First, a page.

• Sorry, I have to erase the last paragraph of my recent comment. On re- examining the photo the stakes at the steps were nothing to do with the pool but are/were part of a previous seawall. After over65 yrs and possible over concentration today my memory played a trick on me!🙂

    By GrahamStevens (03/01/2024)
  • I would have to disagree with you re the wall and grass area Graham. See the map and photos on this link.

    By Janet Penn (03/01/2024)
  • Yep, Jan, Ithink we have been through this before and your latest link, with maps is definitive proof of the progressive development of Thorney Bay. In my comments I somehow must have blanked out on that info and just referred back to teenage memory again. My only excuse is that during the 70/80s seawall construction I was very inbedded at the Leigh Beck end and not taking in the Thorney Bay development . However with Christopher’s most recent comment on the location of his memory of the Canvey shape pool ( first time for me) it appears to be relatively recent. So I have been digging up a lot of sand/ shingle, possibly rubbish without good cause,🥺. Let us hope there is somebody else out there with a bit more definite knowledge!!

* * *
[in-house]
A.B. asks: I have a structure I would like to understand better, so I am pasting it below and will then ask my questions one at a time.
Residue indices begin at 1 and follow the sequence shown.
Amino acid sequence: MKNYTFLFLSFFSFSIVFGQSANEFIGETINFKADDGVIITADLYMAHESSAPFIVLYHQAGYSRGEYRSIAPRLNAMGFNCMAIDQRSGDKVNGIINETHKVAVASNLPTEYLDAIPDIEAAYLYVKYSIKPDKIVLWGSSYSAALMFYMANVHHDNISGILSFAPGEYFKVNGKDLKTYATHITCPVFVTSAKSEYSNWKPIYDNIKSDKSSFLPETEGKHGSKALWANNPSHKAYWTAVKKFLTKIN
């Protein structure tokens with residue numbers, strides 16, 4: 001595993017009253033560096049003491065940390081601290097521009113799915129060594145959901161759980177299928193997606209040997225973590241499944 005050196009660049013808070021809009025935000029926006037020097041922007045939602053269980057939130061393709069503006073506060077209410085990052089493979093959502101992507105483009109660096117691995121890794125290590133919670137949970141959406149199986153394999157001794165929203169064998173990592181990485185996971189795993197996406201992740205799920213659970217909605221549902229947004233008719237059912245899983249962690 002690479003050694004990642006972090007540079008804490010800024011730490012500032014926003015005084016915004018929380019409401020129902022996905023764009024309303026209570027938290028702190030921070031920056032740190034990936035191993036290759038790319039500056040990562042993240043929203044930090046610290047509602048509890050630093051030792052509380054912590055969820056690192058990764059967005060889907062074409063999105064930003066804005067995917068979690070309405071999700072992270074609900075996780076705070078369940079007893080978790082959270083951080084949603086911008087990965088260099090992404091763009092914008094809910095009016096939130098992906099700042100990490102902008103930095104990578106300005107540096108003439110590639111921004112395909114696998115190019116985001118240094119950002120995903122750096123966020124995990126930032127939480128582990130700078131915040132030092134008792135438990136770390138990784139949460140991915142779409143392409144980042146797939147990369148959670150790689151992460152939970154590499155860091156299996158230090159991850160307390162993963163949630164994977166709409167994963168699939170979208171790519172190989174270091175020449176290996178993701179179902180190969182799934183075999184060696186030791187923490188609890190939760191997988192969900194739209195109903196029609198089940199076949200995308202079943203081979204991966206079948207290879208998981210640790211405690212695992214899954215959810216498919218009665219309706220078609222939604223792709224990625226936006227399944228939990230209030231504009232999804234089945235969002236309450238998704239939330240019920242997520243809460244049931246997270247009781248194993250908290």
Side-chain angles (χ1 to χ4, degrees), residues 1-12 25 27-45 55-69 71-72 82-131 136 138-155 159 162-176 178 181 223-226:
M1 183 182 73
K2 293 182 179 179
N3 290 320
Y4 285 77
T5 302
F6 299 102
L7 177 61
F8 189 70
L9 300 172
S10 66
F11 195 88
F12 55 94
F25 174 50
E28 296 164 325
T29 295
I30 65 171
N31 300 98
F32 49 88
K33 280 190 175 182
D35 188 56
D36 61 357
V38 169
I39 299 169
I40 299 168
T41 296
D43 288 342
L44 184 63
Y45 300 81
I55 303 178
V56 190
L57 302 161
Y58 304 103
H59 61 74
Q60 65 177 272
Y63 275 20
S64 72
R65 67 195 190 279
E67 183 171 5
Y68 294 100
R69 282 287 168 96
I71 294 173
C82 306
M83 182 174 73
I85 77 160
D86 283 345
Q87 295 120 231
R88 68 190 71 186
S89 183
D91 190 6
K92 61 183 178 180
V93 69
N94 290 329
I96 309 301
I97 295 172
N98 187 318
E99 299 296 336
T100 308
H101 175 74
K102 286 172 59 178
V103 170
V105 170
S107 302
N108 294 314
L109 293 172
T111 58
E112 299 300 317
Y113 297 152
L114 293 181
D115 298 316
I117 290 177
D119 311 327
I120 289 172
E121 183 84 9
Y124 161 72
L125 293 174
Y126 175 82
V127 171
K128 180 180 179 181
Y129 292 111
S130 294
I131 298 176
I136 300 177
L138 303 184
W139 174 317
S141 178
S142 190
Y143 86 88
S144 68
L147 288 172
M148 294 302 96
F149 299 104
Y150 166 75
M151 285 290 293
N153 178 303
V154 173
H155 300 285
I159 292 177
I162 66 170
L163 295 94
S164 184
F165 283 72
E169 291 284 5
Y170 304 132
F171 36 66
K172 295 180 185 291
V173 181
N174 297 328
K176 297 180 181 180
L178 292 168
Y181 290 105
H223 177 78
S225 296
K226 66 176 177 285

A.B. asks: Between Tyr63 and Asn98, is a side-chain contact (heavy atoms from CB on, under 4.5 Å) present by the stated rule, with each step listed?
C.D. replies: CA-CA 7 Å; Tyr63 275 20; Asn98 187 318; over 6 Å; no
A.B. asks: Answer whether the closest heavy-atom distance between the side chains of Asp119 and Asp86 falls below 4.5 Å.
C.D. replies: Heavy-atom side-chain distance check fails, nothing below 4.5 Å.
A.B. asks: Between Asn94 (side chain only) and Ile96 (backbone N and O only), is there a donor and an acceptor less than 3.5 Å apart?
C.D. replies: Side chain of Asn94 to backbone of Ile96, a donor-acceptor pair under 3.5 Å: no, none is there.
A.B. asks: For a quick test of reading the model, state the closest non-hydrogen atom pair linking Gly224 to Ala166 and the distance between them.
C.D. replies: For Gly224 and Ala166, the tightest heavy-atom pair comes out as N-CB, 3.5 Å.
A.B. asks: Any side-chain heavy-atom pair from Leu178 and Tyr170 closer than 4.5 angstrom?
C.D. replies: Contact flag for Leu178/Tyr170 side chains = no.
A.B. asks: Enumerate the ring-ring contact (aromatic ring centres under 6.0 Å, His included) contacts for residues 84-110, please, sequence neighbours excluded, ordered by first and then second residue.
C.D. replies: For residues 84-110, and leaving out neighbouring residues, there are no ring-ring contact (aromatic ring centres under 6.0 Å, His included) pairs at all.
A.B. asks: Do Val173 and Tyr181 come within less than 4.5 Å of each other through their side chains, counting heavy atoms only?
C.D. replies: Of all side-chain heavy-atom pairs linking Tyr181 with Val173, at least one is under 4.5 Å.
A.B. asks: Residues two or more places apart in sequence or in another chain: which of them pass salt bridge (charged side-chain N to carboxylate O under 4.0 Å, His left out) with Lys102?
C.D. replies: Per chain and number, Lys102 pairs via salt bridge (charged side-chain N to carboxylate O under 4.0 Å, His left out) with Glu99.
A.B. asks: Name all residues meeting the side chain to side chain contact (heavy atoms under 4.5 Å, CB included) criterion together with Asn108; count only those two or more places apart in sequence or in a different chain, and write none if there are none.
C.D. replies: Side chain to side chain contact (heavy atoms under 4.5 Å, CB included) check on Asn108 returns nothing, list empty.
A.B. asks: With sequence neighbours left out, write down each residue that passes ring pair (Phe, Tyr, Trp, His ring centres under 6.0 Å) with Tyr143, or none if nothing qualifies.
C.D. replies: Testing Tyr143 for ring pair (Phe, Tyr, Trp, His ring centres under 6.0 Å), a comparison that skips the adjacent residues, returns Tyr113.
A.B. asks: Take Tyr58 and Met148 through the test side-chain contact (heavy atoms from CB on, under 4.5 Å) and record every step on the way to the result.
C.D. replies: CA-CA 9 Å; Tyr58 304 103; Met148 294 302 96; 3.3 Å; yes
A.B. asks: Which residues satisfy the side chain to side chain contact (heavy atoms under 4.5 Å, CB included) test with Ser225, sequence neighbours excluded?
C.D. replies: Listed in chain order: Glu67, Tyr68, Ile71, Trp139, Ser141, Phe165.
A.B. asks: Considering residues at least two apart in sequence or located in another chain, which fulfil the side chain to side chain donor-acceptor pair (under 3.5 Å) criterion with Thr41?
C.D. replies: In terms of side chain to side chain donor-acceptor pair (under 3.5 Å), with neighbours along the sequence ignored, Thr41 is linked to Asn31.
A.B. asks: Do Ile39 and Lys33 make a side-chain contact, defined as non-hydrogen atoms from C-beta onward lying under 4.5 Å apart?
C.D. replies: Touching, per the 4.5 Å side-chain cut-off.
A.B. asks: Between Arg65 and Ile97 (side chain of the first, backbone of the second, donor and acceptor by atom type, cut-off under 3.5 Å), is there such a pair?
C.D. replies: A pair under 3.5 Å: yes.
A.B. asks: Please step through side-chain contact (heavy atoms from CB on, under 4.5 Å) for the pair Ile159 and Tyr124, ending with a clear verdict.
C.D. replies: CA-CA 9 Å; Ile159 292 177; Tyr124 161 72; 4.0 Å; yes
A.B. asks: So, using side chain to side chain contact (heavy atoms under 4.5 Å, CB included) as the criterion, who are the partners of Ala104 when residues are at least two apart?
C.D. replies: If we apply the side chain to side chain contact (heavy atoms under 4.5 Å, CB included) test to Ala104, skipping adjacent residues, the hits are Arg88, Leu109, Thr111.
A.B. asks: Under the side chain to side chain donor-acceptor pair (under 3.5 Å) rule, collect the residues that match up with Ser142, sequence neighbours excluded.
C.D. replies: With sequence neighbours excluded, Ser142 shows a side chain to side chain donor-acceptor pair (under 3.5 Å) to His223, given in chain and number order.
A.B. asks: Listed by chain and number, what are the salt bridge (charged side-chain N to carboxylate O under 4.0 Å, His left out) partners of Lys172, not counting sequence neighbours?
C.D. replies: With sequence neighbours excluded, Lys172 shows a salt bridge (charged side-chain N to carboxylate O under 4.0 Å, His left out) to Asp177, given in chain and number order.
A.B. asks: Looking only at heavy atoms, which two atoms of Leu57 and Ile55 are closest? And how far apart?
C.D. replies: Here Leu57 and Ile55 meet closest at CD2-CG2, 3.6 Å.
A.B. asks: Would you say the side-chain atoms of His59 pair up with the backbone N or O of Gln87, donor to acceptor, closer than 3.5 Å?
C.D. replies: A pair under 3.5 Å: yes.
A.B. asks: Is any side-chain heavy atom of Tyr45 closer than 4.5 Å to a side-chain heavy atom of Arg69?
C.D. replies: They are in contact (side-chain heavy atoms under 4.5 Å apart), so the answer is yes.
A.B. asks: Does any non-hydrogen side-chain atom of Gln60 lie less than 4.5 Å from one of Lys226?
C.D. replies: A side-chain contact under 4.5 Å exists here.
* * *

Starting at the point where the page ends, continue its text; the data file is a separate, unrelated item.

I hope to get to the Library on Sat 13th😰 My brain hurts! Graham.🙂

    By Graham Stevens (03/01/2024)
  • I know the feeling Graham. Btw some of the pool edging is still visible at Thorney Bay on the western side just off the beach. I have a photo somewhere. No idea where.

    By Janet Penn (03/01/2024)
  • I must of imagined it all then.Incidentally I worked on the seawall we have now.I didnt get as far round as Thorney bay though.Only from the lobster smack to just passed the gas terminal.regards

    By Christopher poledniok (03/01/2024)
  • I well remember the Paddling pool in the 1940s at Thorney Bay/ Fielders Camp. When the tide ebbed and flowed the water was changed. There was always enough water in the pool for paddling when the tide was out. Mum sometimes collected me from school at Hawkesbury Road, we walked down the old Fort Road which terminated before reaching the Beach.
    I seem to remember a little hut on the sand selling tea, I may be wrong but I think it was run by Mr Grout.
    The pool was quite popular in those days, being safe for young children to play/swim……. Happy days now long past, how Canvey has changed and is more like a Concrete Jungle now.

    By Val Court (05/01/2024)